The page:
There are three perspectives regarding the benefits of decentralization, namely: developmentalist,
democratizing and centralist. The develop mentalists, including the mainstream development donors, support the
implementation of decentralization because it will: bring government closer to the people; improve service
delivery; educate people to become full citizens; facilitate local participation especially of the poor and thus
allow government to better understand the people‟s needs; improve public policy design; reduce conflict by
helping people to accept government decisions; socially integrate the community; and make local economies
more prosperous and more equitable(Y. Olum, 2014). It is within the developmentalist perspective that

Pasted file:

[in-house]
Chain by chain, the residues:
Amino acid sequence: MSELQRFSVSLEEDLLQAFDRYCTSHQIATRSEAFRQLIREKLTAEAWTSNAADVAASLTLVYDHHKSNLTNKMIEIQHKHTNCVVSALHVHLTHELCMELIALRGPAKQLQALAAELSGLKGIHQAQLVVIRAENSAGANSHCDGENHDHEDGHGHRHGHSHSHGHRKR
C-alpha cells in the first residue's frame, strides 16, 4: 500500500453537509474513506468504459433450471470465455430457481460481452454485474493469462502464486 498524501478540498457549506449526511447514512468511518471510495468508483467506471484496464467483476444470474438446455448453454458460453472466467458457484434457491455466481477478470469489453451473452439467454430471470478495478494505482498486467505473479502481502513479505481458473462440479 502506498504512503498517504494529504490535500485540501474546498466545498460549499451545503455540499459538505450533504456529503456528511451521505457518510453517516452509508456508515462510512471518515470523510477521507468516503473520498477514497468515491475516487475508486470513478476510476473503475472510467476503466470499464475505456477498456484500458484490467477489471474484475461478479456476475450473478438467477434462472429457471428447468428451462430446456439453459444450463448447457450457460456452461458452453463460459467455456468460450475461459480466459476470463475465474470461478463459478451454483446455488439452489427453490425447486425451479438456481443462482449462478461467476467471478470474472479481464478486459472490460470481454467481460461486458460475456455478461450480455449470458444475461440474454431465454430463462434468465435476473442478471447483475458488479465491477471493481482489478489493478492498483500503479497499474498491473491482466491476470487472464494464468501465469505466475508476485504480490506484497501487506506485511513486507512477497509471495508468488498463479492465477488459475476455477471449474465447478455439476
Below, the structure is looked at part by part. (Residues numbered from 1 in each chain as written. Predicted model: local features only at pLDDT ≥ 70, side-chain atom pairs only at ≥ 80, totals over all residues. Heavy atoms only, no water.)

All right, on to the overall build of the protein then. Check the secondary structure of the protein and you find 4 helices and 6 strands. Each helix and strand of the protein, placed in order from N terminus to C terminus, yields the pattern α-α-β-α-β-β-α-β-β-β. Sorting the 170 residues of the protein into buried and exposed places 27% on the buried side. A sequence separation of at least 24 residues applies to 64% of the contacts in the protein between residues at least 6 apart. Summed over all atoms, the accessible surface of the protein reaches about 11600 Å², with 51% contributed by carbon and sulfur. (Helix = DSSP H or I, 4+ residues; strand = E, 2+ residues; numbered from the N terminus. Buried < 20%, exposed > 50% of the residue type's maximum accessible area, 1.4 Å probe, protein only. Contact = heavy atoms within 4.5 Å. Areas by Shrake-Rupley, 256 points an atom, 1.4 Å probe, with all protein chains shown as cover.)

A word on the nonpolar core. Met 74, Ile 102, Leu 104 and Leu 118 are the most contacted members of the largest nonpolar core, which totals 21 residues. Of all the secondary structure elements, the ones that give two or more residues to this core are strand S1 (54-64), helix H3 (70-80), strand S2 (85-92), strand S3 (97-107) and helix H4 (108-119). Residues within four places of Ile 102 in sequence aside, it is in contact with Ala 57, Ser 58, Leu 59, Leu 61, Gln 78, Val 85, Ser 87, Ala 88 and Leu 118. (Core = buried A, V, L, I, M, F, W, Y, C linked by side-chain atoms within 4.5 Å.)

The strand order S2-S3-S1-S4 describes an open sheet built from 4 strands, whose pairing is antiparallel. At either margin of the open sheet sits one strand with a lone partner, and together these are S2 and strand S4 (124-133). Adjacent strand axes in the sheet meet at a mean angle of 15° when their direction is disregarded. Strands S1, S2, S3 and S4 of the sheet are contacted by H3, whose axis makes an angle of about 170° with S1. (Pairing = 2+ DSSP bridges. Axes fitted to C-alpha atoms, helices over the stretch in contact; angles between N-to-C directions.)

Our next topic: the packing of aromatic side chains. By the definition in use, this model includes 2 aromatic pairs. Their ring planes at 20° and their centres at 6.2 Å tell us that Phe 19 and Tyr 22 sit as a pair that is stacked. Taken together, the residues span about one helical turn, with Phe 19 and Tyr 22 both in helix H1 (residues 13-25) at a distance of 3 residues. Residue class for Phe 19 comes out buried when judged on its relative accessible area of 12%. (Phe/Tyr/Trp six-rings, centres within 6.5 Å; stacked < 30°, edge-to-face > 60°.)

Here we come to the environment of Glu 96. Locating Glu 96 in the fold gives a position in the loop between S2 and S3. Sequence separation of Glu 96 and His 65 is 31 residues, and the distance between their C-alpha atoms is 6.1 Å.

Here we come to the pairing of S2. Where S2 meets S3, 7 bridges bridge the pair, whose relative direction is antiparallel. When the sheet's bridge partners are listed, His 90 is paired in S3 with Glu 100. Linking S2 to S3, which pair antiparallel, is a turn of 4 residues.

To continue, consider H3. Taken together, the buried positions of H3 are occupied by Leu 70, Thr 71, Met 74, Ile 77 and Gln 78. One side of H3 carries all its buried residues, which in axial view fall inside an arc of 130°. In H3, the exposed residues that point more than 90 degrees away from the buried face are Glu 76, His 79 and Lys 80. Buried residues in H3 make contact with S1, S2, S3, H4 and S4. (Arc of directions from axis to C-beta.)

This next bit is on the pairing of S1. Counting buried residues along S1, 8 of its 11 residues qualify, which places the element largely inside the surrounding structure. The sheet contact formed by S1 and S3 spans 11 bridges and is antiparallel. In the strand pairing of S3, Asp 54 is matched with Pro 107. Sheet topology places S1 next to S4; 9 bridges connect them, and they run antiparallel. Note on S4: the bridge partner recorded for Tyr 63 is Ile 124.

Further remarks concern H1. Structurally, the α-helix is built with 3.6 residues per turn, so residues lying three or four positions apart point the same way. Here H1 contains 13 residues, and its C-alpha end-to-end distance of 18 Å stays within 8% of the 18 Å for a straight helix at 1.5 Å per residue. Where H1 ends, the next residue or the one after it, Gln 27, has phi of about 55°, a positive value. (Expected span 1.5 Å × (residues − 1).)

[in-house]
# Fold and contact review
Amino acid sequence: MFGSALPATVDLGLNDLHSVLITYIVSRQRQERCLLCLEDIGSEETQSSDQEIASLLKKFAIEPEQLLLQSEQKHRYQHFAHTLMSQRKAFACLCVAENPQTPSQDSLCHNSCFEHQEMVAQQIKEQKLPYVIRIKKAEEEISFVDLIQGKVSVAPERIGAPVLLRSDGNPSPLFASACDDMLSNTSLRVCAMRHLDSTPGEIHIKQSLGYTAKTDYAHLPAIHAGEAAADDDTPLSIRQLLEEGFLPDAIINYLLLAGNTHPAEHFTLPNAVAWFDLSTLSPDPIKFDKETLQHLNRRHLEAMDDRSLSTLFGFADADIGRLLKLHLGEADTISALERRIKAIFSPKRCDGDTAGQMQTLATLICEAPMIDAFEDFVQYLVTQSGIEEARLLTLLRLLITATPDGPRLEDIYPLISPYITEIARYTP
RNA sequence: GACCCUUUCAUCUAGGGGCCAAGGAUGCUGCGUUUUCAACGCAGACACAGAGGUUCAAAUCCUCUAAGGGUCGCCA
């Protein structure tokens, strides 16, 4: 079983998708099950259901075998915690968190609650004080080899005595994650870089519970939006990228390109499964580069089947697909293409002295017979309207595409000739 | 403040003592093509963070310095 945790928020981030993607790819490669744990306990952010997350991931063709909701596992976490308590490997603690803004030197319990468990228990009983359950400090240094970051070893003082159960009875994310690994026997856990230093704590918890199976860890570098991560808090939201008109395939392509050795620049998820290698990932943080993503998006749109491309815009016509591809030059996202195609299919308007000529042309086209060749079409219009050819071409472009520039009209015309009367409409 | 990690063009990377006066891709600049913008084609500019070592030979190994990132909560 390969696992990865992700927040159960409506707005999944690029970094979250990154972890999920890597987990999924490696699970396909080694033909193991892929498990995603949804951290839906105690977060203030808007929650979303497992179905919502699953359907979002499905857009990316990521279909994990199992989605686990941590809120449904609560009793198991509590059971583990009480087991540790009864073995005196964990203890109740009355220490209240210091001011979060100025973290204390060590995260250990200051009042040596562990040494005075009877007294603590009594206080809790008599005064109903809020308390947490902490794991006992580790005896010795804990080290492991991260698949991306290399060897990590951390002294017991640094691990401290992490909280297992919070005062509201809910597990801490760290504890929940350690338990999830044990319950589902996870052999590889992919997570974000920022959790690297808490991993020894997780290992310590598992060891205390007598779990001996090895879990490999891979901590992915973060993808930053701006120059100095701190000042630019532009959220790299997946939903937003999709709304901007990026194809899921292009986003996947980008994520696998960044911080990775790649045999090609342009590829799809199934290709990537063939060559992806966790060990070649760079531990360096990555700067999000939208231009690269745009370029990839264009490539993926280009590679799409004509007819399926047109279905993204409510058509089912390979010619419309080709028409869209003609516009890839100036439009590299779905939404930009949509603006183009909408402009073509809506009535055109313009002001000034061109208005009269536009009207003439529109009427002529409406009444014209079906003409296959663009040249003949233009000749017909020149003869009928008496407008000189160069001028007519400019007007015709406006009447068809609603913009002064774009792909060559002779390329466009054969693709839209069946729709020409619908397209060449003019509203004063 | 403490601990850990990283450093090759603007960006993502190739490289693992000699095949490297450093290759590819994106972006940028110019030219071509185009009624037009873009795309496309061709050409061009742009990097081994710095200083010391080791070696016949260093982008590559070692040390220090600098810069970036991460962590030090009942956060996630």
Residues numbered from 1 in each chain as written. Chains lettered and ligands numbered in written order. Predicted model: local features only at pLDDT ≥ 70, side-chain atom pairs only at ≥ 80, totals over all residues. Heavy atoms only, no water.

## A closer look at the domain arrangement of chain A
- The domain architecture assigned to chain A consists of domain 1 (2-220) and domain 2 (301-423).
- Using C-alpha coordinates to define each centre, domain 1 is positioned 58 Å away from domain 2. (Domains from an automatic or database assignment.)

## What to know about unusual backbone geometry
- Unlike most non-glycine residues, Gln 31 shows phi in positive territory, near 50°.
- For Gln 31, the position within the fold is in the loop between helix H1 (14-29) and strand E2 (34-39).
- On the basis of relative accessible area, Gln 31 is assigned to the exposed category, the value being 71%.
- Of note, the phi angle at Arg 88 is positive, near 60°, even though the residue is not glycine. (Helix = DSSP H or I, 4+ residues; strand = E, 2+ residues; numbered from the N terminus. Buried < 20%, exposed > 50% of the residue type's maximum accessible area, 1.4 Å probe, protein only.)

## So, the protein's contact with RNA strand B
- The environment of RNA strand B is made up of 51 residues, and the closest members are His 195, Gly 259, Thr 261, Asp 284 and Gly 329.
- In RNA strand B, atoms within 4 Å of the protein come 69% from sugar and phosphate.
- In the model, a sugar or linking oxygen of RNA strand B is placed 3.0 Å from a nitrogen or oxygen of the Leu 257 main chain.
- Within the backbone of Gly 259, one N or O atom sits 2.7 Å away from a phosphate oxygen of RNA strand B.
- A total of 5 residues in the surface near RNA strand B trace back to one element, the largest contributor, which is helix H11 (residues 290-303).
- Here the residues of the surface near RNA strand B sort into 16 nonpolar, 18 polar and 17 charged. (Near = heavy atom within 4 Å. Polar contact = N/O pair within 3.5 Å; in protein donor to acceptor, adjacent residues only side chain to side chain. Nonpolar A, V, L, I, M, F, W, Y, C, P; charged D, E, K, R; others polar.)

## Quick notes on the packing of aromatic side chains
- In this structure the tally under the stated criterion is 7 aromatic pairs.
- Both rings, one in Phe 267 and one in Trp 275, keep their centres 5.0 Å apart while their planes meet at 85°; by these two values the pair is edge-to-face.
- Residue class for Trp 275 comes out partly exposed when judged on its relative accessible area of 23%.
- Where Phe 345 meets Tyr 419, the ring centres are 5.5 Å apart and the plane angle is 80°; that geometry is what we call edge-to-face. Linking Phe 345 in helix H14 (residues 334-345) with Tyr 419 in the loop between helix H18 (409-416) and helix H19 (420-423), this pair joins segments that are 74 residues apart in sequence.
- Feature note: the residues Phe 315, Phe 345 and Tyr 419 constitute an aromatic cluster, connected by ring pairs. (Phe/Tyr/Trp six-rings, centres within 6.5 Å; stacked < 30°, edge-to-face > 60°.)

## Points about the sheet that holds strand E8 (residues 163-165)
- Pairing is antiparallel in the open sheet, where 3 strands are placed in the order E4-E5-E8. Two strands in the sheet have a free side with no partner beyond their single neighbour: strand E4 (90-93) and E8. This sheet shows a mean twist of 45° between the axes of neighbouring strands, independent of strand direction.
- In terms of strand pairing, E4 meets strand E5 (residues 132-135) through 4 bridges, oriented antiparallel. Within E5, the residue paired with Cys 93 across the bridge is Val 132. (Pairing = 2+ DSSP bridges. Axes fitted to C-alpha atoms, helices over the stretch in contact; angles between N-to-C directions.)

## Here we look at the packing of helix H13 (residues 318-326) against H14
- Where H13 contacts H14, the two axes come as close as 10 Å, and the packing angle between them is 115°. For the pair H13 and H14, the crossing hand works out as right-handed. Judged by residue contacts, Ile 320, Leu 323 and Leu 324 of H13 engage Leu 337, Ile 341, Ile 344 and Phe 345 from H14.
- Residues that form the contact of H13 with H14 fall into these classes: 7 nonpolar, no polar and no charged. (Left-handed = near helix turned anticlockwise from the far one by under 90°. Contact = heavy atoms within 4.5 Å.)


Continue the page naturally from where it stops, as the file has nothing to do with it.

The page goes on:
Cameroon‟s decentralization process is situated.
As for the democratizers, they argue that decentralization enhances greater citizen input in governance
by strengthening both local elites and the central state; opens the way for popular participation in making
decisions about policy design and implementation; and yields higher levels of government responsiveness,
honesty, legitimacy, and tolerance among citizens because local officials have better knowledge of local
conditions than central government officials and are thus better positioned to respond to local tastes and
preferences(S. J. Burki, 1999). The centralists argue that decentralization transfers social conflicts, resources,
and responsibilities to the local level where there is greater political inequality.
However, they note that decentralization reinforces relationships of subordination and pulverization of